Finally, I checked the box for Catalyst support for macOS and was surprised to find that everything pretty much worked out of the box. I only needed to add the following code to get the app looking just fine on the Mac:

#if targetEnvironment(macCatalyst)
    if let titlebar = window?.windowScene?.titlebar {
        titlebar.titleVisibility = .hidden
        titlebar.toolbar = nil
    window?.windowScene?.sizeRestrictions?.minimumSize = CGSize(width: 1024, height: 768)

That code effectively hides the toolbar so the traffic light window management buttons blend into the app view and then restricting the minimum view size to that of a regular iPad so you can’t break the layout4.

With that done, I then went through the app and added a few quality of life improvements such as a native menu bar on the Mac, keyboard shortcuts for Mac and iPad, and adding the ability for PiP to automatically engage when you leave the app during a run on iPhone and iPad.

SwiftUI would undoubtedly have made the UI faster to port, but I still think the platform is too immature for full app development. As Richard Turton put it:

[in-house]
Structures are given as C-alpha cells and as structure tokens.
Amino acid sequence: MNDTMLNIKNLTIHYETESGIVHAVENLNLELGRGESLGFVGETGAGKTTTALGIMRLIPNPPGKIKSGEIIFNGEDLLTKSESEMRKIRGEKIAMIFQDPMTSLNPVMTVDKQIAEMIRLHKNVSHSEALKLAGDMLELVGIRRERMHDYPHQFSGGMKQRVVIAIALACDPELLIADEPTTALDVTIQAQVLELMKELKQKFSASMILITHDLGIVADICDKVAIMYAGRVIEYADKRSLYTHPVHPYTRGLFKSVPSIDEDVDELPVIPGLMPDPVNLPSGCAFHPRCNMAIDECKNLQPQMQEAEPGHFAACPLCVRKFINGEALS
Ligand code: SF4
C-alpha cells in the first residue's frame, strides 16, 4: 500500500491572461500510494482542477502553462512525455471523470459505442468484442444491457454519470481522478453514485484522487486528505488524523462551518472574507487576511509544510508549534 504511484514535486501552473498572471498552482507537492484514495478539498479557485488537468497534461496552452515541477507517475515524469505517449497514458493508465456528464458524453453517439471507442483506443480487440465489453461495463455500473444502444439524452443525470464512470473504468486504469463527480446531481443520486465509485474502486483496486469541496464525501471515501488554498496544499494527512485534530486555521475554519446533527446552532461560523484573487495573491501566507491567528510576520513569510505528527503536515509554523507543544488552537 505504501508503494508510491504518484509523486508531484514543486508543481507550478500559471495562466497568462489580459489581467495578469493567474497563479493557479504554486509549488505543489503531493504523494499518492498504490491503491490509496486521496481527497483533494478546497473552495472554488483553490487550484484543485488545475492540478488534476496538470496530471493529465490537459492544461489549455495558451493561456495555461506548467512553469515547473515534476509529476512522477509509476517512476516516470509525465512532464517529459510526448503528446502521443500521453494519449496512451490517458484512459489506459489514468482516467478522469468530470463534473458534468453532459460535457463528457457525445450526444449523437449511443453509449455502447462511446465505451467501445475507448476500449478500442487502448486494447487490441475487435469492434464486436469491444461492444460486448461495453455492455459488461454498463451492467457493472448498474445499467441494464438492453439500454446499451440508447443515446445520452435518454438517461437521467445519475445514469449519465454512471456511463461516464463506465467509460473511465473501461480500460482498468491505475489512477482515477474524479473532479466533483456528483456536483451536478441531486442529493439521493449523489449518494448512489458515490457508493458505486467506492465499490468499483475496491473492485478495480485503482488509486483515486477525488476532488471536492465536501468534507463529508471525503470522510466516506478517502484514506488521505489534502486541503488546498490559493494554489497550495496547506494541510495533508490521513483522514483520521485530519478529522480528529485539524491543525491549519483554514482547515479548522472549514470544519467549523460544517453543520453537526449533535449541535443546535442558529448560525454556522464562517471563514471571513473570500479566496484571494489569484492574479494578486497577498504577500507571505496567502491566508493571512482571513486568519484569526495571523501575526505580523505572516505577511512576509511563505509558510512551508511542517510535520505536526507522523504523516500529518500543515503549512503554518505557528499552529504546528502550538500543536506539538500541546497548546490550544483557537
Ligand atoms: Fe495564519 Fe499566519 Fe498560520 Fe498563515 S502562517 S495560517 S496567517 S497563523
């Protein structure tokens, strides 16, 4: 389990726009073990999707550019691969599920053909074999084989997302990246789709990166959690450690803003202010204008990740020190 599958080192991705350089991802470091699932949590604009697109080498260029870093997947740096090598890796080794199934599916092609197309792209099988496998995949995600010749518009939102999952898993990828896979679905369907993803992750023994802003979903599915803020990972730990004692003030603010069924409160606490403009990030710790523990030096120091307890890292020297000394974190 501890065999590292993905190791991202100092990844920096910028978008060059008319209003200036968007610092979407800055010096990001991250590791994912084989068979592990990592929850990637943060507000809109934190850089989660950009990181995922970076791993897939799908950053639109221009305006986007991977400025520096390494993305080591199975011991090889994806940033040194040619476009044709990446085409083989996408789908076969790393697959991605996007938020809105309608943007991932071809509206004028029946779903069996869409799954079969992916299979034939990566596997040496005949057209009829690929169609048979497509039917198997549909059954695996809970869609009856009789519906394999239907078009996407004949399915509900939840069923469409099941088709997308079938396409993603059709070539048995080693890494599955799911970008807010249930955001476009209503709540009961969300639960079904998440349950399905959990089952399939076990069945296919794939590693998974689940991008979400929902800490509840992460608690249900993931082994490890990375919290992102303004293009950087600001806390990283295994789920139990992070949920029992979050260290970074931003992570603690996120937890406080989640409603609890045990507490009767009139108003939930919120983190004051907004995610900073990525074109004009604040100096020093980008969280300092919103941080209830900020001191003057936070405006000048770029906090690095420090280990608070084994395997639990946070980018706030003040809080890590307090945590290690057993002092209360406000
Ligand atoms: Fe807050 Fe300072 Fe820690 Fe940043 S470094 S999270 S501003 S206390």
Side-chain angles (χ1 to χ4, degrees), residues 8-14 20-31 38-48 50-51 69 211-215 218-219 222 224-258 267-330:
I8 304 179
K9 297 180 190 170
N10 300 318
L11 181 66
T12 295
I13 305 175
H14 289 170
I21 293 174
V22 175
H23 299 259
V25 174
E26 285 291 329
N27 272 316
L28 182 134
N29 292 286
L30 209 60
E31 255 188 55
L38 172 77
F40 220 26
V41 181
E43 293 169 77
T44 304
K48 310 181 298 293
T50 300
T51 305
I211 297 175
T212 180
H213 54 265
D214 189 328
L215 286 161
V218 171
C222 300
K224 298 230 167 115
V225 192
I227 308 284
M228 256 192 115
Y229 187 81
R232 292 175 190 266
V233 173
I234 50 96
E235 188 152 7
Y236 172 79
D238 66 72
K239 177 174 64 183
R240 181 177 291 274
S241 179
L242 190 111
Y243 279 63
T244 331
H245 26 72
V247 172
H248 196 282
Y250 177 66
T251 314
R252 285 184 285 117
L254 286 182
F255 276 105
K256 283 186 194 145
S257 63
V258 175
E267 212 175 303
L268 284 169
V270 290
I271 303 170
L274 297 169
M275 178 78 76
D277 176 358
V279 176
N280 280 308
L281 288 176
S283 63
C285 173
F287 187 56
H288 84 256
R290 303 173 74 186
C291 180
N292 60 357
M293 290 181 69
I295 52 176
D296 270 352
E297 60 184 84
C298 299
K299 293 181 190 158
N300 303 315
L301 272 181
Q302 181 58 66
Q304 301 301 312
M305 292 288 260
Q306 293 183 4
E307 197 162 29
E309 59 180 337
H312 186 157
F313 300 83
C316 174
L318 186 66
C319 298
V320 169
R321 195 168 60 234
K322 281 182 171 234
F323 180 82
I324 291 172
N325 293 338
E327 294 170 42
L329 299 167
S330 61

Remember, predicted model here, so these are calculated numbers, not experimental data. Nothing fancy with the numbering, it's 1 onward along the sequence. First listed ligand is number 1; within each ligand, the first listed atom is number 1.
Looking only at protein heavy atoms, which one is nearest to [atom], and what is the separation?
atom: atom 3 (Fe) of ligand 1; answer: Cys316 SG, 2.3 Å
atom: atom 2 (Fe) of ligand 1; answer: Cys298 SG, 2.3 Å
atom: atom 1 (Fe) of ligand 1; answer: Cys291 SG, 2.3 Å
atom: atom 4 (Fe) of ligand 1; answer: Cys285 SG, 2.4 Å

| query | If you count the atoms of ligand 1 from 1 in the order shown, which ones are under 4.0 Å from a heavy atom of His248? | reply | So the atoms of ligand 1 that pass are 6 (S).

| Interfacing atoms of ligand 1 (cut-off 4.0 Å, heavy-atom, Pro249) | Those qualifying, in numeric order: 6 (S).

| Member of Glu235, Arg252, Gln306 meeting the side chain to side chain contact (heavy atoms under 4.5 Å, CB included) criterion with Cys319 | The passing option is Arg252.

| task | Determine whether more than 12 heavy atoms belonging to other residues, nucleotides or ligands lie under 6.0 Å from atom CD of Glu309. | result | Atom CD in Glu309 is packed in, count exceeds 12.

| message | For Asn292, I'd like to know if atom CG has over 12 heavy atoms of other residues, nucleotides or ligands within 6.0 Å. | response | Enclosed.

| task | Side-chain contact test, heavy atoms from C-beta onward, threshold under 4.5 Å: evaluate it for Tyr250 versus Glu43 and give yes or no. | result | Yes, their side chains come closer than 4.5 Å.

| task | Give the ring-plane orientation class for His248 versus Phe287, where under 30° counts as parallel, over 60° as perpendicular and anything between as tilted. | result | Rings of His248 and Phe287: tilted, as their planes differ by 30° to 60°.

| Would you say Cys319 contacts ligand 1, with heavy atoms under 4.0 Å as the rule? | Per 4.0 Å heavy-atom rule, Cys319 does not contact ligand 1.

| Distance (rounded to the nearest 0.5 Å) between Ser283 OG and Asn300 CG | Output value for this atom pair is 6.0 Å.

SwiftUI allows you to move so incredibly fast that by the time you realise what you want isn’t yet possible, you’re already off the edge of the cliff, like Wile E Coyote

That certainly matches my experience 🤣. Whilst it can be a phenomenally quick tool for building UI, it can’t quite match the smooth experience that users expect when it comes to the small but crucial details.

In Conclusion

As I’ve said many times before, one of the great joys of being a software developer is that you can build apps bespoke for your own needs and interests. I’ve massively enjoyed having Chaise Longue to 5K on my Apple TV whilst doing my runs, but I also really enjoyed the challenge of porting the app across to all the other Apple platforms that support Picture in Picture5. As ever, there are a number of small details that I’d like to highlight:

  • Whilst adding extra platforms didn’t take that long from a development point of view, it massively increased the amount of time preparing for App Store submission as I had to create a lot more screenshots, text, etc. Trying to work out the best way to show PiP on macOS was an interesting challenge! It was also difficult to work out a way to show it on tvOS without using copyrighted video content.